The 2015 Antarctic season has now entered its final days. Weeks ago the last flight off the frozen continent was scheduled to take place yesterday – January 28, but it seems that deadline as been extended. With one team still out on the ice, that last plane out has been delayed by a few days in order to let them finish.
A few days back, Devon McDiarmid and Stew Edge completed their return trip to the Union Glacier camp. They had skied the full distance from Hercules Inlet to the South Pole along with two other explorers, but rather than hop a flight back to the coast they elected to kite-ski instead. They made good time, wrapping up their journey in less than 9 days. They’ve now departed Antarctica however, which leaves just Emma Kelty, and her guide Pachi Ibarra still out on the ice.
Emma has been making daily updates on her progress, and according to her dispatches she and Pachi crossed the 89th degree on Wednesday. She now estimates that they will reach the South Pole on Tuesday of next week, which is February 2. No doubt they’ll find a plane waiting for them ready to whisk them back to Union Glacier, and eventually Punta Arenas.
It has been a very long, and difficult slog for Emma who started off with guide Carl Alvy and another skier. That skier was forced to pull the plug on his expedition, leaving Emma and Carl to push on without him. Last week, Carl had to depart due to other commitments, so Pachi stepped in to escort the British adventurer across the final couple of degrees to the Pole. Now, they’re closing in on that point, but it hasn’t been easy. They’re covering approximately 12 nautical miles (22 km/13.8 miles) each day in order to wrap up the expedition early next week, and considering how exhausted Emma is at this point, that can’t be easy. Fortunately, the sleds are a lot lighter than they were when they started, which makes it a bit easier to make progress.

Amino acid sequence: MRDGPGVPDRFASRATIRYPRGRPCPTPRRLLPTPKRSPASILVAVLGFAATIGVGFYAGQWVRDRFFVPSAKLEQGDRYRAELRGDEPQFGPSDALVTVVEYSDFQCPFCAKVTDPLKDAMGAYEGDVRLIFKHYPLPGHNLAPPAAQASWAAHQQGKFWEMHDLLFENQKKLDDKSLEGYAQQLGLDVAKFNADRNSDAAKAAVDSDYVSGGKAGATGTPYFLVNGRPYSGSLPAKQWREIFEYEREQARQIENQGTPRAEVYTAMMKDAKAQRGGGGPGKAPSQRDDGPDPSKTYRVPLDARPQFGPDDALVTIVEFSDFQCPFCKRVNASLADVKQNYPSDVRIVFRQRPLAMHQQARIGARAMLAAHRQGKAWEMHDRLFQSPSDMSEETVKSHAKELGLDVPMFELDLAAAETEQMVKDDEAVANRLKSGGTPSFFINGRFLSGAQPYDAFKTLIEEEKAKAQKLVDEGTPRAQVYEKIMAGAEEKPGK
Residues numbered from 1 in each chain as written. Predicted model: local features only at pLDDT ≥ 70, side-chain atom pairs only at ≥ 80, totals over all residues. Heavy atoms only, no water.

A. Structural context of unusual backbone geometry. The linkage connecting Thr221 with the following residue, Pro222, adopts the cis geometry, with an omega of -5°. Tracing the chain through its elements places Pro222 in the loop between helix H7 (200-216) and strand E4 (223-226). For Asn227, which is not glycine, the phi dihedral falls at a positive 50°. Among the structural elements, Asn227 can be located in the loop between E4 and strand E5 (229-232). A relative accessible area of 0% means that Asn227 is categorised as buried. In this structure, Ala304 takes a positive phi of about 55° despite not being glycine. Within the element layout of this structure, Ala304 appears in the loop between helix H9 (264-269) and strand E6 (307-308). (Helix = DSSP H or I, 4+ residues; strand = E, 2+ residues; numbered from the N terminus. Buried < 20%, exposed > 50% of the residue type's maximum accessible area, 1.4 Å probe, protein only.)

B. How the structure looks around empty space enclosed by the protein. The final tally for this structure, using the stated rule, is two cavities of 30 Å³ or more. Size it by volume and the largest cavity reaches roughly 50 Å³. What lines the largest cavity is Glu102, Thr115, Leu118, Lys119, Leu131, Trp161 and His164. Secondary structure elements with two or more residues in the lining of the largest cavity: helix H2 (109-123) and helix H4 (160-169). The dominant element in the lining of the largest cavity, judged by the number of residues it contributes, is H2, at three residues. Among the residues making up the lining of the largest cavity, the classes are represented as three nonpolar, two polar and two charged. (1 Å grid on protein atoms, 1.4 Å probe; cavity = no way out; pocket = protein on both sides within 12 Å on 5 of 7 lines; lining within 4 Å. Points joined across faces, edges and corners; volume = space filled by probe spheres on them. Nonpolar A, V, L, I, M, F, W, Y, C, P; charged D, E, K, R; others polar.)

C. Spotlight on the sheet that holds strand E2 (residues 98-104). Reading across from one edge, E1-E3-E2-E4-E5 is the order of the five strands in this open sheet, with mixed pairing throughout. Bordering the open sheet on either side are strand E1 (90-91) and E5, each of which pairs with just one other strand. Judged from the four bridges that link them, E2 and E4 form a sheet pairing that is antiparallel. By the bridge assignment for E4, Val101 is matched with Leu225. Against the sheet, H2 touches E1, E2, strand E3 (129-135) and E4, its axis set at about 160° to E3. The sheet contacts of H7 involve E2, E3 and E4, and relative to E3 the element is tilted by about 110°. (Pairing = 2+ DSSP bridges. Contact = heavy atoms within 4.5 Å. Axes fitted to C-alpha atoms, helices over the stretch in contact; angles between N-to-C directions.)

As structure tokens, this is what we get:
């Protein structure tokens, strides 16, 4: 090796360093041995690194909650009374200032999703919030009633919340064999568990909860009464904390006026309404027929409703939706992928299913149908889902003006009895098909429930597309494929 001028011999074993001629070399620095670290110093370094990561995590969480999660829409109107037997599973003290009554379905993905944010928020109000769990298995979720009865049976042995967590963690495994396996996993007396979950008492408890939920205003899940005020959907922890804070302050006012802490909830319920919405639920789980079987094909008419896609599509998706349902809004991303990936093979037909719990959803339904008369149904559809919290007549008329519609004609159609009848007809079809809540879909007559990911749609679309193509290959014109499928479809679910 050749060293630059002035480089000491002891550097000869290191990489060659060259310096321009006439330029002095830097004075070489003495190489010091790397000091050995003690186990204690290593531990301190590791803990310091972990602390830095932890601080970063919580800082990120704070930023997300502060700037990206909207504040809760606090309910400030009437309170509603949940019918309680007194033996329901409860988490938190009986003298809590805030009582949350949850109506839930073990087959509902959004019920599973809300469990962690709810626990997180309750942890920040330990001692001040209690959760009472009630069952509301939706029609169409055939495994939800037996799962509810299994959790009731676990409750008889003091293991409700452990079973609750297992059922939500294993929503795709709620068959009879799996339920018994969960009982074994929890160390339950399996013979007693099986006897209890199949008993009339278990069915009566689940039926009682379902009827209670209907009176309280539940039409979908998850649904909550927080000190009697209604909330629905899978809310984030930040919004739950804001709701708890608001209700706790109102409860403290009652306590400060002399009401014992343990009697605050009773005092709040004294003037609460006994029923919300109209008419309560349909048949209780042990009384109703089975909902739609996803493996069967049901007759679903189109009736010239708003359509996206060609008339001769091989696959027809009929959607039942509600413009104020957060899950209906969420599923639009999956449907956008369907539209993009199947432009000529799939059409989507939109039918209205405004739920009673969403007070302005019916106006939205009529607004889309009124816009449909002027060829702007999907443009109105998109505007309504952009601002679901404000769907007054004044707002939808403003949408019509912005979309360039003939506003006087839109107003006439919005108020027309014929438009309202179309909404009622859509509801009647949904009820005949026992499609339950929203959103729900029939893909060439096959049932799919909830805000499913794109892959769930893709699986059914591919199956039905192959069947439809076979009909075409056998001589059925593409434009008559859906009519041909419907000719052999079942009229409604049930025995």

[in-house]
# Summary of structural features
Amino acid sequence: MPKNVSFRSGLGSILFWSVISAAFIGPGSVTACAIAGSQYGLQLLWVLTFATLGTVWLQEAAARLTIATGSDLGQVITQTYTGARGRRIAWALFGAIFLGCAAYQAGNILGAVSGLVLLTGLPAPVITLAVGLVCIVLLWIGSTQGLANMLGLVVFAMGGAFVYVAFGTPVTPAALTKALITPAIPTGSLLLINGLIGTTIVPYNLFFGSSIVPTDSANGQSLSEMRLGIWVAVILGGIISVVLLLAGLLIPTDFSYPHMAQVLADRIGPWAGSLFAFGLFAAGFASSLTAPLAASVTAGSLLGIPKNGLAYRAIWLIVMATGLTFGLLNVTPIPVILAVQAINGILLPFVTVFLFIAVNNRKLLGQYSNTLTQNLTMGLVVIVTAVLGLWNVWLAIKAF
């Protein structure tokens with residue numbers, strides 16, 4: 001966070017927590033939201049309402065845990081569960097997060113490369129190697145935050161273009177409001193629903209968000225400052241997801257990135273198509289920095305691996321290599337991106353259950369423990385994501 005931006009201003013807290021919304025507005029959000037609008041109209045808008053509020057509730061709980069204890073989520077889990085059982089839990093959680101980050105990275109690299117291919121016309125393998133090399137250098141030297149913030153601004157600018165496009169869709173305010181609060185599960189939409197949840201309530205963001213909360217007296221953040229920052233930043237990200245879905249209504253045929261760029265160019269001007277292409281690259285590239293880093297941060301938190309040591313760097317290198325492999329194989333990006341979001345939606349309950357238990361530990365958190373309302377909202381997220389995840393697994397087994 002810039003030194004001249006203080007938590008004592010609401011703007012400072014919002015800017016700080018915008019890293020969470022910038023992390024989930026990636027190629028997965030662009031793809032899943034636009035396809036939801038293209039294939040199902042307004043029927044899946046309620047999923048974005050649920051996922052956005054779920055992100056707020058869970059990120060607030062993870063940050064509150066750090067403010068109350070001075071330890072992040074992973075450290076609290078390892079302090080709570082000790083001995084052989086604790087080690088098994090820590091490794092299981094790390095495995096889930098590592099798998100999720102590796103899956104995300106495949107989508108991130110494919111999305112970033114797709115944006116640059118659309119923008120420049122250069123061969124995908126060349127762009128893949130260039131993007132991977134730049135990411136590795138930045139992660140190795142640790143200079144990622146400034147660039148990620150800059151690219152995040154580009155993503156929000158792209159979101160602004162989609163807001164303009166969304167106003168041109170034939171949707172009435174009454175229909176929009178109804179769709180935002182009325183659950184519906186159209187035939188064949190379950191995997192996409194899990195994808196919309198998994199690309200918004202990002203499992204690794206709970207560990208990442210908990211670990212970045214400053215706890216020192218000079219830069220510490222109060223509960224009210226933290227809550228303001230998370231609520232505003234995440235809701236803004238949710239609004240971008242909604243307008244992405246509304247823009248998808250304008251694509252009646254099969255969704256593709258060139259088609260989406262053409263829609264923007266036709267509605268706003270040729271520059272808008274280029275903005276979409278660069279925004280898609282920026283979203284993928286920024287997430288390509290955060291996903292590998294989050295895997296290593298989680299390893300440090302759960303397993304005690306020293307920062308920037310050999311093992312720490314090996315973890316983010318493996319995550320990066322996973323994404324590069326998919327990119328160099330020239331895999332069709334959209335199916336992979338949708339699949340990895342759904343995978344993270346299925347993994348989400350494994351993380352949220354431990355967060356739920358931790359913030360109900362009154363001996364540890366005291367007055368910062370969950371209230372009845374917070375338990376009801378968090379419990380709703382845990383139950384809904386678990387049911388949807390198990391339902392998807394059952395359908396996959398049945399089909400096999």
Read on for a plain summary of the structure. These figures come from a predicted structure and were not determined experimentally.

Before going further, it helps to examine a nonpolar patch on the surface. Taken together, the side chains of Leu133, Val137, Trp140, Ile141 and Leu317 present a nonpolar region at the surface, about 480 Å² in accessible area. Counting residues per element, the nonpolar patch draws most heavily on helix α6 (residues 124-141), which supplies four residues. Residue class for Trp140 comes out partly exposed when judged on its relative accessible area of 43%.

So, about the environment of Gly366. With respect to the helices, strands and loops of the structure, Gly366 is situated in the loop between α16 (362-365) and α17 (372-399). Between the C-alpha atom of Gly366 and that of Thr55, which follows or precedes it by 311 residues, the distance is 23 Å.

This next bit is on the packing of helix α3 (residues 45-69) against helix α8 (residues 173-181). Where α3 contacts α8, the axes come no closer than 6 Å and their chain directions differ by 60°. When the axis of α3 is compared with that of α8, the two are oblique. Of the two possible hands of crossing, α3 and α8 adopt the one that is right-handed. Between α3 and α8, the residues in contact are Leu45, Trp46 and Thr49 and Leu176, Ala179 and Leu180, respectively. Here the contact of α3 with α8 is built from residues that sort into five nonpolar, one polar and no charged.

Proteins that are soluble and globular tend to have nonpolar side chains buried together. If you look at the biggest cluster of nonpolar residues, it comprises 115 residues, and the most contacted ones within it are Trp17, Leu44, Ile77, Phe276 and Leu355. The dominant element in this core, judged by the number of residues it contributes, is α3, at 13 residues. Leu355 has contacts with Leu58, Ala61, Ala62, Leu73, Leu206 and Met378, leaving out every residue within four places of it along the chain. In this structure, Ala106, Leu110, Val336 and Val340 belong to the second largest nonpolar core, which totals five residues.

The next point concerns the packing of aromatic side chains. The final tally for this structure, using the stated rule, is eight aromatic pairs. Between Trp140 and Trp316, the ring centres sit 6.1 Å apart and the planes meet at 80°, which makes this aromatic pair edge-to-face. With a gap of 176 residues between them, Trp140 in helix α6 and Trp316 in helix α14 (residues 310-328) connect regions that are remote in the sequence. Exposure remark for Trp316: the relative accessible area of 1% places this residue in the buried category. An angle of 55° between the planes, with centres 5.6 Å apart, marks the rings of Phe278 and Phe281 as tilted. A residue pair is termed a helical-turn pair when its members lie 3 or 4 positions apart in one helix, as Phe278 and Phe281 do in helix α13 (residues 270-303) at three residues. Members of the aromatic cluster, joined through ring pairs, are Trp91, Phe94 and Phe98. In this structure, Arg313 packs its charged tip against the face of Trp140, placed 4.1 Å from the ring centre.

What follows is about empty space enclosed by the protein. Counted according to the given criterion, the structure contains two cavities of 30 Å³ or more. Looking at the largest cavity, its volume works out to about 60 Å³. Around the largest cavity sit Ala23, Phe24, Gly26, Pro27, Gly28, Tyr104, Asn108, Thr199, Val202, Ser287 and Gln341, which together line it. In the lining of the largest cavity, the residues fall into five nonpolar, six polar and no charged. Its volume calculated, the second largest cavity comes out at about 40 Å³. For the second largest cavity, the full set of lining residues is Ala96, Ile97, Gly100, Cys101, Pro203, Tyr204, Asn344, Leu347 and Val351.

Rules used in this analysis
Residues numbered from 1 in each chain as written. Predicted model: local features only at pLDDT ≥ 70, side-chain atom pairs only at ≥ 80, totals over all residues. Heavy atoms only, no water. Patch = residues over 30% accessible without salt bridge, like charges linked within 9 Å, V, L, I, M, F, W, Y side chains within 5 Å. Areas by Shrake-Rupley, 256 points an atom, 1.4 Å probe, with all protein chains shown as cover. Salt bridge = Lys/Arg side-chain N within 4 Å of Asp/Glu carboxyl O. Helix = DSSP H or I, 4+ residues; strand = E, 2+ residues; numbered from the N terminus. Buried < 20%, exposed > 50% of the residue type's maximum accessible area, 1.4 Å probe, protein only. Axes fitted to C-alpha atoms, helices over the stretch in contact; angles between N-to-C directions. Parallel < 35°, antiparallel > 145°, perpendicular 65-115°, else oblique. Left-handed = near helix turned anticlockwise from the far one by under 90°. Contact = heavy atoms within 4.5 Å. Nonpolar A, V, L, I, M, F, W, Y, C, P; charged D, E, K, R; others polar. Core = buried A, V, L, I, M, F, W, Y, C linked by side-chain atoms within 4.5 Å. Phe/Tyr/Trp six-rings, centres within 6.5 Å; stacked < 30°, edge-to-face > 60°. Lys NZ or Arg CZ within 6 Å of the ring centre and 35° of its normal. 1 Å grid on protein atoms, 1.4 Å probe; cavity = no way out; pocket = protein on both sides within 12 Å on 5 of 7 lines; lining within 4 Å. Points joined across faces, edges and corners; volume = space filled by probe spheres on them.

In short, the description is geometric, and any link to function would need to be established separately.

When Kelty reaches the Pole next week, the curtain will drop on what has been a long – and tragic – season at the bottom of the world. Hopefully she reaches her goal safe and sound, and gets off the continent safely. Until then, we’ll be keeping a close eye on her progress.
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